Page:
Judge sets Roger Stone trial for early November

Judge sets Roger Stone trial for early November
© Stefani Reynolds

The federal judge presiding over Roger StoneRoger Jason StoneDemocrats differ over how Biden should handle Jan. 6 anniversary Alex Jones suing Pelosi and Jan. 6 panel, planning to plead the Fifth Photos of the Week: Tornado aftermath, Medal of Honor and soaring superheroes MORE’s criminal case has scheduled his trial to begin on Nov. 5.

With jury selection, U.S. District Judge Amy Berman Jackson said Thursday that the court is looking at a two-week trial on the seven charges stemming from special counsel Robert MuellerRobert (Bob) MuellerAn unquestioning press promotes Rep. Adam Schiff's book based on Russia fiction Senate Democrats urge Garland not to fight court order to release Trump obstruction memo Why a special counsel is guaranteed if Biden chooses Yates, Cuomo or Jones as AG MORE’s investigation into Russian interference in the 2016 presidential election and possible collusion with the Trump campaign.

Attorneys with Mueller’s office, which is jointly prosecuting the case with the U.S. attorney's office in D.C., told the court last month that it expects it will take five to eight days for the government to present its case at trial against the longtime GOP operative and associate of President TrumpDonald TrumpKinzinger welcomes baby boy Tennessee lawmaker presents self-defense bill in 'honor' of Kyle Rittenhouse Five things to know about the New York AG's pursuit of Trump MORE.


In a status conference Thursday, Jackson said she doesn’t know at this point whether the defense will call any witnesses, but with time needed to select a jury, she said she expects the trial to take at least two weeks.

Stone was arrested on Jan. 25 on charges of obstructing a congressional inquiry, witness tampering and making false statements. He has pleaded not guilty.

Jeannie Rhee, a prosecutor on Mueller’s team, said the government has turned over approximately nine terabytes of potential evidence to Stone’s defense team for review.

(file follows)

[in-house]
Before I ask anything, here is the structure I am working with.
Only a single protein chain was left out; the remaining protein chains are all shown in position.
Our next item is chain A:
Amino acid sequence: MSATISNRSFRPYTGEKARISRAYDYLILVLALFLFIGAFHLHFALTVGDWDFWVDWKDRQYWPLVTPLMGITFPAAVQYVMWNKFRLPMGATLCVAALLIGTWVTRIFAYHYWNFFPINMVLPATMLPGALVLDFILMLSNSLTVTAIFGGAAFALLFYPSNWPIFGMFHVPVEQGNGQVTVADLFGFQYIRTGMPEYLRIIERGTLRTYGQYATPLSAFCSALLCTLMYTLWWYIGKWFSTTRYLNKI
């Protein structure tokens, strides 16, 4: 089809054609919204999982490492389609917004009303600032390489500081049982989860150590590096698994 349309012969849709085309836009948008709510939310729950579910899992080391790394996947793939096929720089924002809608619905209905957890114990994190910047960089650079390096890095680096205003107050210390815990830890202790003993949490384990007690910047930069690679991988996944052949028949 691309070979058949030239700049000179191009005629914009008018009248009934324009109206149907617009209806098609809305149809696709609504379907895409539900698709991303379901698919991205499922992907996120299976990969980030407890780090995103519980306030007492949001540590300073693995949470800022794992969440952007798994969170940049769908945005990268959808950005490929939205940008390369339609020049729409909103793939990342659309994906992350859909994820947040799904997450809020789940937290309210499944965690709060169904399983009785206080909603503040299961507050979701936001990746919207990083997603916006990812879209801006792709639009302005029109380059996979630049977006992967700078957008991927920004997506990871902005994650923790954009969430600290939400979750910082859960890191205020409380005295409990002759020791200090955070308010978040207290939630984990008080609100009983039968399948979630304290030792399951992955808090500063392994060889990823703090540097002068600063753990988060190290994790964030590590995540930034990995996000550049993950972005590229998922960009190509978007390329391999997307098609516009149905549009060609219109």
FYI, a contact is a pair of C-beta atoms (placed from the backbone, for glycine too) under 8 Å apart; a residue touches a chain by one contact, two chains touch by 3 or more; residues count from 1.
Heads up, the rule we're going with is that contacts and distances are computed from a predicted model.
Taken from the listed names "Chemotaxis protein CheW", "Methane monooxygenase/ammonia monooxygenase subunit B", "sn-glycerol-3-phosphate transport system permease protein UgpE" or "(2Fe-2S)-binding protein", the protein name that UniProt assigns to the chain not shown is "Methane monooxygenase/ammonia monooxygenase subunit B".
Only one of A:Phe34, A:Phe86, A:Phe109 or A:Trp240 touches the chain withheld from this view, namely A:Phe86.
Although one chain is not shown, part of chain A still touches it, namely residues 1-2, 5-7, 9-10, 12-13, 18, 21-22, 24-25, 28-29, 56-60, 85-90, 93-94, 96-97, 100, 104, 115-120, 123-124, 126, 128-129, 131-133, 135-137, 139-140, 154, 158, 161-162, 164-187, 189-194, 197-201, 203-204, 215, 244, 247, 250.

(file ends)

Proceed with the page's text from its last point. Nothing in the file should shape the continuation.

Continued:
Stone attorney Robert Buschel gave the court a visual of how many exhibits are part of the discovery, stating that they could pile the papers as high as the Washington Monument — twice.

Jackson on Thursday said she’s still considering the issue of whether Stone violated her gag order by re-releasing a book he published in 2016 with a new introduction that’s critical of the Mueller probe.

Stone’s defense team was scolded in an order earlier this month for failing to inform the court that the book, now titled “The Myth of Russian Collusion,” was coming out, despite having had multiple opportunities to do so before and during the Feb. 21 hearing in which Jackson barred Stone from talking publicly about his case or Mueller’s investigation.

Jackson accused Stone’s attorneys of using court filings to try to drum up publicity for the book. The defense first told the court about the book on March 1 when they asked Jackson to clarify her gag order.

In that request, they told Jackson the book’s release was “imminent,” but it was revealed later that the books were already on the market.

Stone’s attorneys argued on March 11 that they didn’t recognize that the new introduction to the book would be a problem until after Jackson issued her order on Feb. 21.

“Even if it had crossed counsel’s mind to raise the new introduction (and it did not), it seems a bit awkward to have sought to introduce the New Introduction at that very moment during argument,” they said.

But Jackson told the defense in court Thursday that the last thing they should worry about is having an “uncomfortable experience” in court.

“There’s no exception for awkward,” she said.

Stone’s attorneys also said in their March 11 filing that Stone does not have any recollection of the exact time he knew the books were available at bookstores, or for purchase or viewing online. The lawyers added that their March 1 request for clarity on the gag order “was not ‘intended to serve as a means to generate additional publicity for the book.’”

But during Thursday’s hearing the government pointed to evidence that they say appears to contradict that claim.

Updated 11:47 a.m.